Increasing Home Values

October 26, 2012 at 9:41 AM | Posted in Buyers, Local Information, Real Estate News | Leave a comment
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National home values in the third quarter experienced their biggest increase in more than half a decade, according to Zillow.

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Home values in the United States rose 1.3 percent from the second to the third quarter, marking the fourth straight quarter of increases, Zillow reported. The quarterly rise is the biggest increase since March 2006, when home values rose 1.5 percent.

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Cost of a Home: Impact of Interest Rates

October 22, 2012 at 3:04 PM | Posted in Buyers | Leave a comment

The buyer should always look at the COST of a home, not just the PRICE. The cost is determined by the price and the mortgage interest rate which is available at the time. Below is a list of the interest rates over the last ten years and the impact they have on a $100,000 mortgage payment.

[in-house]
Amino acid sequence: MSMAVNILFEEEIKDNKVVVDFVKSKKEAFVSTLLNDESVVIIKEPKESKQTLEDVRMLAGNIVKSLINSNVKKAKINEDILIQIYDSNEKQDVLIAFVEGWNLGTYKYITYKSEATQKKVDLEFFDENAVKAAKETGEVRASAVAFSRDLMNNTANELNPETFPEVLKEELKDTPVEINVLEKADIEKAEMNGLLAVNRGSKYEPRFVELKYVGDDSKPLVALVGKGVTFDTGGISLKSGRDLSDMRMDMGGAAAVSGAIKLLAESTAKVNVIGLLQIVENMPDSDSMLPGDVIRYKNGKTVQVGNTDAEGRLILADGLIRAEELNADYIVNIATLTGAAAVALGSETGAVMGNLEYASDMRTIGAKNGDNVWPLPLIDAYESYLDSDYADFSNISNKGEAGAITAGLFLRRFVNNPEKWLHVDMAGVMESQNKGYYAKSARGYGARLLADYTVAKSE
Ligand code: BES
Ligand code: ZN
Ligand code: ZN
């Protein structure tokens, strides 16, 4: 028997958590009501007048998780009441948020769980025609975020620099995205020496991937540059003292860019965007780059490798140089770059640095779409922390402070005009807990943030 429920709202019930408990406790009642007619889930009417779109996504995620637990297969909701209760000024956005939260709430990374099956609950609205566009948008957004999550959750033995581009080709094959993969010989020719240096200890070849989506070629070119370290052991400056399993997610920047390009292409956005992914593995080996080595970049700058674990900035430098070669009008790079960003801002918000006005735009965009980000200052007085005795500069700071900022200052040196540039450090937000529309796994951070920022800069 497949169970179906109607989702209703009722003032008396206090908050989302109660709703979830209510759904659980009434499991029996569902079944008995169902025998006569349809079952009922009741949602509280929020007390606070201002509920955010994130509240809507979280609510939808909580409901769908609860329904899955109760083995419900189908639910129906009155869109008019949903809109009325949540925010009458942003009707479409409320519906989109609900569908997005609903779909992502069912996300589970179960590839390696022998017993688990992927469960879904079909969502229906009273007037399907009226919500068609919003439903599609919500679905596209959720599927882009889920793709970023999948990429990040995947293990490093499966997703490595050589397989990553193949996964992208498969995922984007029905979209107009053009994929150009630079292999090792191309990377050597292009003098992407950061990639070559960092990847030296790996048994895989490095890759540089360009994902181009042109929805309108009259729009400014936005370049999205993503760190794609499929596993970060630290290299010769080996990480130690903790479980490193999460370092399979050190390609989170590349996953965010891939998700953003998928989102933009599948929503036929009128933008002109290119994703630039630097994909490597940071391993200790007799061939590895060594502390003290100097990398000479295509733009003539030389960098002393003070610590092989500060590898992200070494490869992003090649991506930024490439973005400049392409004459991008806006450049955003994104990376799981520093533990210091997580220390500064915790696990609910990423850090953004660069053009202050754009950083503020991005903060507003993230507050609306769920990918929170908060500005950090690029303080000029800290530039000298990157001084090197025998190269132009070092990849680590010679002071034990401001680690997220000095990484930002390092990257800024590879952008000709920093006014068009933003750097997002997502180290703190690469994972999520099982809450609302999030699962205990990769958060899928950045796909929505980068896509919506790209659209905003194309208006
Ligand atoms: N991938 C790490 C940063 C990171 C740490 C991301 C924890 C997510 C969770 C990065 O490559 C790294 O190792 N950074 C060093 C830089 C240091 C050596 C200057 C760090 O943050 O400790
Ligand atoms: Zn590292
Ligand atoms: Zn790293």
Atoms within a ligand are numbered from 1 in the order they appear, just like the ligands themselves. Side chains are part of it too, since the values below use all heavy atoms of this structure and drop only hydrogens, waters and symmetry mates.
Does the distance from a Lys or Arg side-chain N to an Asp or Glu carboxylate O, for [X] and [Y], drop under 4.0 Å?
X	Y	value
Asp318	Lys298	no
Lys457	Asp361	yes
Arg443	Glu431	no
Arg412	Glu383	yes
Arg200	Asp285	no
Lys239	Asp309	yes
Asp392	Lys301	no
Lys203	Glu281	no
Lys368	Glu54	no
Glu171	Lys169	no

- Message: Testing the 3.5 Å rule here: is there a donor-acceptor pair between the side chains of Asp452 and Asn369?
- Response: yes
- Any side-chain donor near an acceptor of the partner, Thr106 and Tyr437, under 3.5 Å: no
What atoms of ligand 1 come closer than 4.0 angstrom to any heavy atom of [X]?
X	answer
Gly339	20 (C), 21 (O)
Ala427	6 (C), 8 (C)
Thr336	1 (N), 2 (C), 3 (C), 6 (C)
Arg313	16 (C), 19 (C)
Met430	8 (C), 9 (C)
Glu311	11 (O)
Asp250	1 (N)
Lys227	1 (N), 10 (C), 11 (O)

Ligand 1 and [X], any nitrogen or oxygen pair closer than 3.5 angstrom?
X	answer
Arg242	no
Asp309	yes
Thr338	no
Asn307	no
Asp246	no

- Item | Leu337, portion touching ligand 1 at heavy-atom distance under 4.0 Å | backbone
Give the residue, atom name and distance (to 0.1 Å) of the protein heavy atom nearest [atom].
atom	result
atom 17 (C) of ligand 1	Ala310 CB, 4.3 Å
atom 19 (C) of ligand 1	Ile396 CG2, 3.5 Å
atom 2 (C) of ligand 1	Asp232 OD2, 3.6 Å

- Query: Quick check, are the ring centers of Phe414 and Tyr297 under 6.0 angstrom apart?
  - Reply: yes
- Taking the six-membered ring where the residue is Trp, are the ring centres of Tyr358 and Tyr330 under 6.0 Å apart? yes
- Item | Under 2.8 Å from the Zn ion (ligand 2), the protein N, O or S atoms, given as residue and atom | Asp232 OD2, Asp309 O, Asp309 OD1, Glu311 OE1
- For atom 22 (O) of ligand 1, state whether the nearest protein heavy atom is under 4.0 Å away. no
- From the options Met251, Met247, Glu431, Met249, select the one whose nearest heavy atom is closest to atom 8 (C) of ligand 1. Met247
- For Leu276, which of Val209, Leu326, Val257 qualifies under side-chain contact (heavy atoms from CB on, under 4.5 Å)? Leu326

The chart above shows that the overall COST of a home is important to keep in mind before you decided to buy.

Five Reasons Why You Should Buy a Home Now

October 18, 2012 at 2:09 PM | Posted in Buyers, Real Estate News | Leave a comment

 

Based on prices, mortgage rates and soaring rents, there may have never been a better time in real estate history to purchase a home than right now. Here are five major reasons purchasers should consider buying:

Supply Is Shrinking

With inventory declining in many regions, finding a home of your dreams may become more difficult going forward. There are buyers in more and more markets surprised that there is no longer a large assortment of houses to choose from. The best homes in the best locations sell first. Don’t miss the opportunity to get that ‘once-in-a-lifetime’ buy.

Price Increases Are on the Horizon